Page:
Amerbach, Vitus

was born at Wedinguen in Bavaria, and studied law, philosophy, and divinity, at Wittemberg, where he professed to be a follower of Luther; but on returning to his own country, he became a Roman catholic, and professor of philosophy at Ingoldstadt, where he died in 1557, at the age of 70. He translated into Latin the orations of Isocrates and Demosthenes; the treatise of St. Chrysostom on Providence, and that of Epiphamus on the catholic faith. He published also commentaries on Cicero’s Offices, on the poems of Pythagoras and Phocyllides, on the Tristia of Ovid, and Horace “De arte | poetica.” To much learning he added a considerable talent for poetry, in which he left various small pieces, epigrams, epitaphs. His philosophical works “De Anima, de philosophia naturali, &c.” are less known; but a list of them may be seen in Teissier’s Essays, vol. I. 1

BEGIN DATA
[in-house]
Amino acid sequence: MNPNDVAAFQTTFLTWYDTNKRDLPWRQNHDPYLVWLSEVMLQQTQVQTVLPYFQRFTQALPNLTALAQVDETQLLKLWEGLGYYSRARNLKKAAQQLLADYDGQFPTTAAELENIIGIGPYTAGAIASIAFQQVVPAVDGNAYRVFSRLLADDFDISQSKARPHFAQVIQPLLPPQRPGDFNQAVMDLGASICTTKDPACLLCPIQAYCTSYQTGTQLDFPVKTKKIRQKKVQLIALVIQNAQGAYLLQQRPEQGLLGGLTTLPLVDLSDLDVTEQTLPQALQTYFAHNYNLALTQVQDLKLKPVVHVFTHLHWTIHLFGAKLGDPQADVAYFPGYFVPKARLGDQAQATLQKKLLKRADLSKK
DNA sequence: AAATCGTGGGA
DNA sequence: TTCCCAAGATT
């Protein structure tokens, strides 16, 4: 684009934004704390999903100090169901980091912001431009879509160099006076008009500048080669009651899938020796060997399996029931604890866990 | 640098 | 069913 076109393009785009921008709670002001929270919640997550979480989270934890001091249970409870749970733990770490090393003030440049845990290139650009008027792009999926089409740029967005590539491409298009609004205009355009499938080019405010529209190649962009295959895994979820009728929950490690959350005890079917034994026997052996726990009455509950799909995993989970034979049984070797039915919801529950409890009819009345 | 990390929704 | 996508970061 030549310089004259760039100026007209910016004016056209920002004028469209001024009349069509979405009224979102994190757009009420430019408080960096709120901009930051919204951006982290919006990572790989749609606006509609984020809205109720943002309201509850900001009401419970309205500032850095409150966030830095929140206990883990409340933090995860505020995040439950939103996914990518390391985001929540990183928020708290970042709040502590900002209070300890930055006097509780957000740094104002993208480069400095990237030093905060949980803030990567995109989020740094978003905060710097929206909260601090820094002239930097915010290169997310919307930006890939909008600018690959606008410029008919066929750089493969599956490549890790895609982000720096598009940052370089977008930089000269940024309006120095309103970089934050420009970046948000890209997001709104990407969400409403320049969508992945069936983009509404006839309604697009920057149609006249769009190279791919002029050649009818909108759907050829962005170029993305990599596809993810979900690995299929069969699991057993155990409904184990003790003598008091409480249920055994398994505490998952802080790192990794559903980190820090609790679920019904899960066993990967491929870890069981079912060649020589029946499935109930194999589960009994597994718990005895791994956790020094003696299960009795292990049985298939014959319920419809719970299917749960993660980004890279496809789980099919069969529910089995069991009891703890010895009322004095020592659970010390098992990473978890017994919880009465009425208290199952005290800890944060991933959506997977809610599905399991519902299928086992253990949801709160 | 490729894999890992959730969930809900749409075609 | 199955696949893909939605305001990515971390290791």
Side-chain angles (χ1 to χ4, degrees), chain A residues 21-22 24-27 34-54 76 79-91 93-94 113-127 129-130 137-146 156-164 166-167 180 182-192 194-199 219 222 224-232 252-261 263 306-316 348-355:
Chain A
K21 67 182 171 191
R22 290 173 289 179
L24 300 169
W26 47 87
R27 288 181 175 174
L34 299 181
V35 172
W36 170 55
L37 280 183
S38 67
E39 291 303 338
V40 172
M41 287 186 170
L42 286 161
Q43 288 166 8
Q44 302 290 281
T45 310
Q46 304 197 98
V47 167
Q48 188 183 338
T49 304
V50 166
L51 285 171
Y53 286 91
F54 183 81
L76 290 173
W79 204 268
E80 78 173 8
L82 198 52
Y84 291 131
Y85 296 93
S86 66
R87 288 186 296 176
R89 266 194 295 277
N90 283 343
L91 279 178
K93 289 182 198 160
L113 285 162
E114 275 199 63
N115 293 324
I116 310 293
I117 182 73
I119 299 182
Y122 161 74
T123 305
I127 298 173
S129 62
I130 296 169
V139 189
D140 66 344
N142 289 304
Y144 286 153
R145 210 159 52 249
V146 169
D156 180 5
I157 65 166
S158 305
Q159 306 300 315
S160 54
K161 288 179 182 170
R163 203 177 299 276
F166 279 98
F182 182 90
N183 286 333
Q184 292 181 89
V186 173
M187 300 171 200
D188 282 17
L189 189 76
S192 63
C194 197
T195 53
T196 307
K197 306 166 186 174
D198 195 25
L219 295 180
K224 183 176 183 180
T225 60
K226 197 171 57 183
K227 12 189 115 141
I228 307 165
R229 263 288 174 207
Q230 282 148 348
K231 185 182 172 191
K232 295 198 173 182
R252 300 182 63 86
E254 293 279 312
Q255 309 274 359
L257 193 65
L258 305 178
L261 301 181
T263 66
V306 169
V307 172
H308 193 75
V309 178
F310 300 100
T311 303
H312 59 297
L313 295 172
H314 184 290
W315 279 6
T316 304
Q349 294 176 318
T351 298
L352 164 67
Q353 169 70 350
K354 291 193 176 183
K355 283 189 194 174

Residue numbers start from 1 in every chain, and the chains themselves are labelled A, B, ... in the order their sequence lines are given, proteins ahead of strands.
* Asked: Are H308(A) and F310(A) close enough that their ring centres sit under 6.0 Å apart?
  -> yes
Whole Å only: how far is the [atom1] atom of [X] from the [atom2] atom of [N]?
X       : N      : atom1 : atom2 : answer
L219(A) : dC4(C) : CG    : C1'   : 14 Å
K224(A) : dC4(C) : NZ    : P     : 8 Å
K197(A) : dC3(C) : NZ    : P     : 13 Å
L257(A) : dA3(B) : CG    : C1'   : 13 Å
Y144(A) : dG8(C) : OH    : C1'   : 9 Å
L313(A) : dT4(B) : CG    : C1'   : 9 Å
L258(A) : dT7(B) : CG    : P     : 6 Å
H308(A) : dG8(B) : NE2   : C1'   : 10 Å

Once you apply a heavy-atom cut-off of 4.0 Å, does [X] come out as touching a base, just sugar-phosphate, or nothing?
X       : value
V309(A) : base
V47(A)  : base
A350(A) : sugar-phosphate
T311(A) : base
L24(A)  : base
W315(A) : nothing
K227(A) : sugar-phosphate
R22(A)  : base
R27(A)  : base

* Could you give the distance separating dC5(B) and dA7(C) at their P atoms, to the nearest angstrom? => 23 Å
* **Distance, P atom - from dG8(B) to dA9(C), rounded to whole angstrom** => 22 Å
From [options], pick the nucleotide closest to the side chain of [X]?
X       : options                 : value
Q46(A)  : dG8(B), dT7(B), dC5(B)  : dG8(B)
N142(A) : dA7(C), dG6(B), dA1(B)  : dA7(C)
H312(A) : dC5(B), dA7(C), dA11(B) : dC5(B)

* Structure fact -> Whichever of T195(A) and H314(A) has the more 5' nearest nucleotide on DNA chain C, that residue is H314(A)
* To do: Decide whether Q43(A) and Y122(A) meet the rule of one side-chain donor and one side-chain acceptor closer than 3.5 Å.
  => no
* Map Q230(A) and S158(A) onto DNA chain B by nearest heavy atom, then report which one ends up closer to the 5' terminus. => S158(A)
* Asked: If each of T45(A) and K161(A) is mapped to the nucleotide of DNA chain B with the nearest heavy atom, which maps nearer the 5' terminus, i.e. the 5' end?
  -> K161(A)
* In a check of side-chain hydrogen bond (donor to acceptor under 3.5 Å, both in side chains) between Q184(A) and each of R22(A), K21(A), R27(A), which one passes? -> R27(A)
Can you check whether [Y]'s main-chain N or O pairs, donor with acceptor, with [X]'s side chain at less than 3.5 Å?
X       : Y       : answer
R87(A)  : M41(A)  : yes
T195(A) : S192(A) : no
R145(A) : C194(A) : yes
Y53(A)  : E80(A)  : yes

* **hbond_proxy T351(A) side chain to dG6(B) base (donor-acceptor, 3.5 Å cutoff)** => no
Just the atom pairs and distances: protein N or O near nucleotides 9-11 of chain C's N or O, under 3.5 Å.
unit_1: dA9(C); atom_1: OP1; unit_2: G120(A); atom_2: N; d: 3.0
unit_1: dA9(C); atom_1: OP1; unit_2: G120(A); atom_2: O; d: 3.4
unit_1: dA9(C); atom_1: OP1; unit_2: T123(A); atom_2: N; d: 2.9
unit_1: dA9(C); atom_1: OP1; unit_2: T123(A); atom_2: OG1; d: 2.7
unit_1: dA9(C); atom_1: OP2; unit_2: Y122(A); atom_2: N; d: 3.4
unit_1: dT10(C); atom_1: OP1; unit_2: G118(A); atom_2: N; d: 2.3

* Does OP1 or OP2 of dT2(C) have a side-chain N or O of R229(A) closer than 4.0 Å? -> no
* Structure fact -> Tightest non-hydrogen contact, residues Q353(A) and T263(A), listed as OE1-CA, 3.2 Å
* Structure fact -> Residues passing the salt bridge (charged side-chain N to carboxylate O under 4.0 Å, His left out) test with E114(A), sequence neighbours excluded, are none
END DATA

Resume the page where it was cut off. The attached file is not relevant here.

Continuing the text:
1 Moreri. Bio. Universelle. —Saxii Onomast.